Pitchers always think they can get the next hitter out, no matter how many pitches they have thrown or how tired they are. It’s their competitive instinct. Lowe had lost all command of his sinker; it’s placement was poor and sharp movement was lacking.

As a result, four of five sinkers thrown to Pat “The Bat” Burrell missed, loading the bases and leading to Lowe yelping the clearest of F-word’s in disgust.

Cox came out from the dugout again. This time, Lowe didn’t even attempt to smooth talk the illustrious manager. He met him halfway and walked off to an ovation.

Peter Moylan, one of the many who dominated in the Braves bullpen during the regular season, entered and proceeded to get the groundball he was asked to get.

But, a night after Brooks Conrad committed three heart-breaking errors, Gonzalez committed his second gaffe, throwing high to second baseman Omar Infante, who couldn’t make the catch and stay on the bag at the same time. The bases were reloaded and the Giants had notched a 2-2 tie.

Aaron Rowand foolishly swung at a slider thrown low by Jonny Venters (the same exact pitch in the same exact location as the previous offering, which he took) striking out to give the Braves hope of escaping having only allowed the one run.

They could not, however, as Ross built upon his home run by stroking an RBI single into left.

Posey scored easily, but Matt Diaz scooped up the single, fired to McCann at home, and looked on as the catcher blocked the plate perfectly and tagged out Burrell.

The inning was over. A fourth run wasn’t attained, but an important third was. The Giants had the lead, and they wouldn’t lose it.

They did the night before, as the bullpen struggled late, and nearly did in Game 4 as closer Brian Wilson allowed two to reach with one out in the ninth, but the final two outs were recorded.

Infante struck out and pinch-hitter Melky Cabrera, the Braves last breath of hope, grounded out.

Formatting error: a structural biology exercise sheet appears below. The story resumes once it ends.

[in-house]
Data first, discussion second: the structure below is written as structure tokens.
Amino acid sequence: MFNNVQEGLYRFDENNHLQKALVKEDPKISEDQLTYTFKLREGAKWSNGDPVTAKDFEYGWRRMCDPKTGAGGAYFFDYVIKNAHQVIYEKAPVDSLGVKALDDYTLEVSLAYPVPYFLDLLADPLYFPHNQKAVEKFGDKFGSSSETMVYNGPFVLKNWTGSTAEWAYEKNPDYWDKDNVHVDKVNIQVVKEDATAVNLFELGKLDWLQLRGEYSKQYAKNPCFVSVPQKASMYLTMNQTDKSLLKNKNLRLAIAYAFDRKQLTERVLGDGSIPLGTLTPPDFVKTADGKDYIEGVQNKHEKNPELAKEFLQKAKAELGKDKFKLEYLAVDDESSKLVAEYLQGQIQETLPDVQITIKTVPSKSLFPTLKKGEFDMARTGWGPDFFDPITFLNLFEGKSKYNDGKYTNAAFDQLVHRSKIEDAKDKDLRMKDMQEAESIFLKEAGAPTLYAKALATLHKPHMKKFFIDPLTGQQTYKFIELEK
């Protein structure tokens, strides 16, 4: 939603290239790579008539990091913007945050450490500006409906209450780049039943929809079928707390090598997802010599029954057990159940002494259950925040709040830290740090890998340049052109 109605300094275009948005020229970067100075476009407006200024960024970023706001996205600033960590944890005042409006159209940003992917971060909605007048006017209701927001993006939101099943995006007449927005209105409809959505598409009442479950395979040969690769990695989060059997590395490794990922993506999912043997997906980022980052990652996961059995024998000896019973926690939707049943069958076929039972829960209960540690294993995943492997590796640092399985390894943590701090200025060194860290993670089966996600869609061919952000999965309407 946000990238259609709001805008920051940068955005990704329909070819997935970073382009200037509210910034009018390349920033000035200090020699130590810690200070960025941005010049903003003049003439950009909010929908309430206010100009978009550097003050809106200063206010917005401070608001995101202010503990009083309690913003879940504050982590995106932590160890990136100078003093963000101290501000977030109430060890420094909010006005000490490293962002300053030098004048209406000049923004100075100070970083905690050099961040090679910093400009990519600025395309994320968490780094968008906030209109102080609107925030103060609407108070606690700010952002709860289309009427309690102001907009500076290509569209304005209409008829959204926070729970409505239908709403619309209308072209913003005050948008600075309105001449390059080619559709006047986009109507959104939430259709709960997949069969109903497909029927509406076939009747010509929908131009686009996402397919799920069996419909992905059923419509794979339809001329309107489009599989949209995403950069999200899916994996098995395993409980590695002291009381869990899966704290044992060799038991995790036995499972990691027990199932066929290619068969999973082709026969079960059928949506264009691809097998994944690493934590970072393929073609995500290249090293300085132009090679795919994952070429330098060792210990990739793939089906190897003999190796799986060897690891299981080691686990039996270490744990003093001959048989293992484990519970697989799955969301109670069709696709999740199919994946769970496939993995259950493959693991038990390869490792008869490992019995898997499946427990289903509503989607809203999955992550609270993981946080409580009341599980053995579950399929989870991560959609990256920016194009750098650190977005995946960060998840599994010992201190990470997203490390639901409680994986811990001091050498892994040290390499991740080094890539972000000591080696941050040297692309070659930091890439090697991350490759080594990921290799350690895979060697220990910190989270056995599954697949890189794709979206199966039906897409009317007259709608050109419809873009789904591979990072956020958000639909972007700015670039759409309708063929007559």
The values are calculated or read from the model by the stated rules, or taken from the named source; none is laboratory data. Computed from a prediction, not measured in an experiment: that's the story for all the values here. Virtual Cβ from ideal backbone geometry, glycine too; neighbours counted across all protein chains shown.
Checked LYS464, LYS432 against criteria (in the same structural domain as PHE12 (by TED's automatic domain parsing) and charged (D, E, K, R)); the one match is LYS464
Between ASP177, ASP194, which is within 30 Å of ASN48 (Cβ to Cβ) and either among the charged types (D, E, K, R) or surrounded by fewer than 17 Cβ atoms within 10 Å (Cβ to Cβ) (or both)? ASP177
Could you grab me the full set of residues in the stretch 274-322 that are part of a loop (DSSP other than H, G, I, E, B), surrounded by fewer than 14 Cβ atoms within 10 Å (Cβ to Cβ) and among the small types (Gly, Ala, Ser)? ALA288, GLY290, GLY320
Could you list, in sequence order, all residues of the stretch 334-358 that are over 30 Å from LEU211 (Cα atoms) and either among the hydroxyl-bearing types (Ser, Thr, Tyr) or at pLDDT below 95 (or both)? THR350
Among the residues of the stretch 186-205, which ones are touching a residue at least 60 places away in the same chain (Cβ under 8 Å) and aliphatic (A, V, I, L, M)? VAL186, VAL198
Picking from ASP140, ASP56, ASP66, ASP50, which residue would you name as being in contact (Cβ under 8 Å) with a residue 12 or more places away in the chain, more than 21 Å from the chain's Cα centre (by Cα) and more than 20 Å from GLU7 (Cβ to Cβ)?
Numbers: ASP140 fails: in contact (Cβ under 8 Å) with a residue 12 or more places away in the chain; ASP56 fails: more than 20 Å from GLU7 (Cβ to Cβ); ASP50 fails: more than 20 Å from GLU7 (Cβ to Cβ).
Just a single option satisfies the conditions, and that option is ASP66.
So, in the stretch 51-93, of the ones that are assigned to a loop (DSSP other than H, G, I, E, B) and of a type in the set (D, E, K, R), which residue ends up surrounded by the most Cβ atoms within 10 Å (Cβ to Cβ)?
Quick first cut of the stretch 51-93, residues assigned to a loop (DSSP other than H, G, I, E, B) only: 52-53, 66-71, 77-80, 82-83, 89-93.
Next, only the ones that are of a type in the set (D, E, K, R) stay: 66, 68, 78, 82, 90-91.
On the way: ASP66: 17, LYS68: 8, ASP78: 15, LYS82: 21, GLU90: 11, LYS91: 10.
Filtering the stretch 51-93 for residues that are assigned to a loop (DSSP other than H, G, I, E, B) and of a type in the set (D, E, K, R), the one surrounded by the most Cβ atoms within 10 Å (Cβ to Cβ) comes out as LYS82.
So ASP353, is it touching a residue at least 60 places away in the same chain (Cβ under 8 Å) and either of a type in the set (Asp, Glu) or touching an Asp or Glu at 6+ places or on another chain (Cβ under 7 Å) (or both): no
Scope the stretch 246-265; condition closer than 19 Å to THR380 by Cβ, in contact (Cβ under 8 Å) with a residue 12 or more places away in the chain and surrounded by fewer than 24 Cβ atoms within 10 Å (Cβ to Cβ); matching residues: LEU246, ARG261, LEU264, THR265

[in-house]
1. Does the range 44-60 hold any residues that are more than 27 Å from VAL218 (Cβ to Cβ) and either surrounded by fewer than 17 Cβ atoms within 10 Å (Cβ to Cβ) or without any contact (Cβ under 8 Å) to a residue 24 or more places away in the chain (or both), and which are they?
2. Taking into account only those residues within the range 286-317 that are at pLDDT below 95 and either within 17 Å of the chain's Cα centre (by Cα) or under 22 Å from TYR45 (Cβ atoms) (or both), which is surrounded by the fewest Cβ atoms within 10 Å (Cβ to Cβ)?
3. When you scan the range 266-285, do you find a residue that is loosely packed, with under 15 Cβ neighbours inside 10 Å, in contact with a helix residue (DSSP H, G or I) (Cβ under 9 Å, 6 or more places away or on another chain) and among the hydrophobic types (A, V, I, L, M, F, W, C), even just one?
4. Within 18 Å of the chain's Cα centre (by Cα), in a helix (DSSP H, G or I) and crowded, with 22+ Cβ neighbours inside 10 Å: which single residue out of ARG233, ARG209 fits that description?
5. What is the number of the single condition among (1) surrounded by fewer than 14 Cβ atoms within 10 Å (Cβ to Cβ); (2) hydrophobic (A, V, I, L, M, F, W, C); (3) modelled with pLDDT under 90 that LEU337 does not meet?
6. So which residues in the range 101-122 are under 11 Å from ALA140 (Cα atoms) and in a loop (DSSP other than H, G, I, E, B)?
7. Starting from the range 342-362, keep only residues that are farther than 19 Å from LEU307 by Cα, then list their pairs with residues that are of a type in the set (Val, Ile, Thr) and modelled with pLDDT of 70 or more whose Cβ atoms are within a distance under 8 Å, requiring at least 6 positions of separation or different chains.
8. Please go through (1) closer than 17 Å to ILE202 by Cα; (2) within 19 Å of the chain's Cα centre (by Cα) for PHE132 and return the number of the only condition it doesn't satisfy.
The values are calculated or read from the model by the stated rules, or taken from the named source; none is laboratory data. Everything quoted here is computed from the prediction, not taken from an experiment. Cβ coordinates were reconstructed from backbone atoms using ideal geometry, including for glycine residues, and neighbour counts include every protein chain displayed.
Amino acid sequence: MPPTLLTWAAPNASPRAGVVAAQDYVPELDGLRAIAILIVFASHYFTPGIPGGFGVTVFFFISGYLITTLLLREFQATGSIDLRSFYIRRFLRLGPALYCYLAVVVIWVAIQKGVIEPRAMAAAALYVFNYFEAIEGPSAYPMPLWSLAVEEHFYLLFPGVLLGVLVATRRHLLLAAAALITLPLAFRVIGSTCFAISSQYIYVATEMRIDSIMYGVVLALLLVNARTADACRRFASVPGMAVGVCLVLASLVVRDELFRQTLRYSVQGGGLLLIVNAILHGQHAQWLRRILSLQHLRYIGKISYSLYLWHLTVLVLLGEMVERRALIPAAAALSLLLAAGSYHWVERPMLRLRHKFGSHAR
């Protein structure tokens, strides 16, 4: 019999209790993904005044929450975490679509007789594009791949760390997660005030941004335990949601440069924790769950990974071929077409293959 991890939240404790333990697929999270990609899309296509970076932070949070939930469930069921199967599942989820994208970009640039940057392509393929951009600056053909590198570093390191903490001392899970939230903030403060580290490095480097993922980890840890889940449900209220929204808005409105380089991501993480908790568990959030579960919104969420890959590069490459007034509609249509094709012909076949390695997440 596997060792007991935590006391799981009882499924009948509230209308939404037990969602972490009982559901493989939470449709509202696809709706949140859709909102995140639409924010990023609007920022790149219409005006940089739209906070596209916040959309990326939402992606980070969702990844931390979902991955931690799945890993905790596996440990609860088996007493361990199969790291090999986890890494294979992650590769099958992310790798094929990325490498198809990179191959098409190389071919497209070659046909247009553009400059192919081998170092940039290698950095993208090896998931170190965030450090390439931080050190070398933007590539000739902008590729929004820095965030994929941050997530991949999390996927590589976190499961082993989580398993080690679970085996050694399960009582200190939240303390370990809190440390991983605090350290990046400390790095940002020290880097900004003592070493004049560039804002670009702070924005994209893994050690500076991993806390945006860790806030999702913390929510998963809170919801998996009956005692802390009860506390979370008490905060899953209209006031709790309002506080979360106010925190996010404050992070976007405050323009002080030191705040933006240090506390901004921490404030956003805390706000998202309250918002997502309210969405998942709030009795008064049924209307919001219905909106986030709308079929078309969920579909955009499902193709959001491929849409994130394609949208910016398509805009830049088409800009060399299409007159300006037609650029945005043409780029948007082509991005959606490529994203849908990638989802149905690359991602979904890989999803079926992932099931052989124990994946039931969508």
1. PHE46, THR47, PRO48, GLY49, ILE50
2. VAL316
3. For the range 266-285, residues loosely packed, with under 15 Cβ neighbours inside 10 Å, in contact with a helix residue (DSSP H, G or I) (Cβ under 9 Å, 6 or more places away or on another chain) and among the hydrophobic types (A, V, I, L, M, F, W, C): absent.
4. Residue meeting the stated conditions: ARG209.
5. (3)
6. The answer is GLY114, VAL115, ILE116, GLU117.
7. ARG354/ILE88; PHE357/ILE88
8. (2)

The celebration began in San Francisco. They are moving on to the National League Championship Series for first time since there last postseason appearance in 2003.

Hugs and high-fives were well spread as the team congratulated each other near the pitchers mound. Then, they stopped to appreciate Cox. He had popped out of the Braves dugout, tipped his cap to the Giants, and then waved emotionally to the standing crowd.

While the Braves fans applauded, San Francisco’s players and coaches did the same. It was an incredible moment; a classy moment; and a sad moment. Cox, who played all of one year in the major leagues, spanning 1968 and 1969 with the New York Yankees, then began his managerial career just two years later and spent the next four-plus decades in baseball as a general manager or manager.

He led the Braves to one World Series title and a whopping 14 straight division titles. Now, he’s hanging up his metal spikes, the shoes he wore to every game.

As he heads into retirement, the Giants move on. After applauding Cox on a brilliant career, they doused each other in champagne, basking in their first series win in the post-Barry Bonds Era.

Now, as San Francisco is forced to face H2O (Roy Halladay, Cole Hamels, and Roy Oswalt, the three Phillies aces) the Braves face life without Cox. Though the futures are daunting for both parties, I believe both will be bright.

(Photo: Zimbio)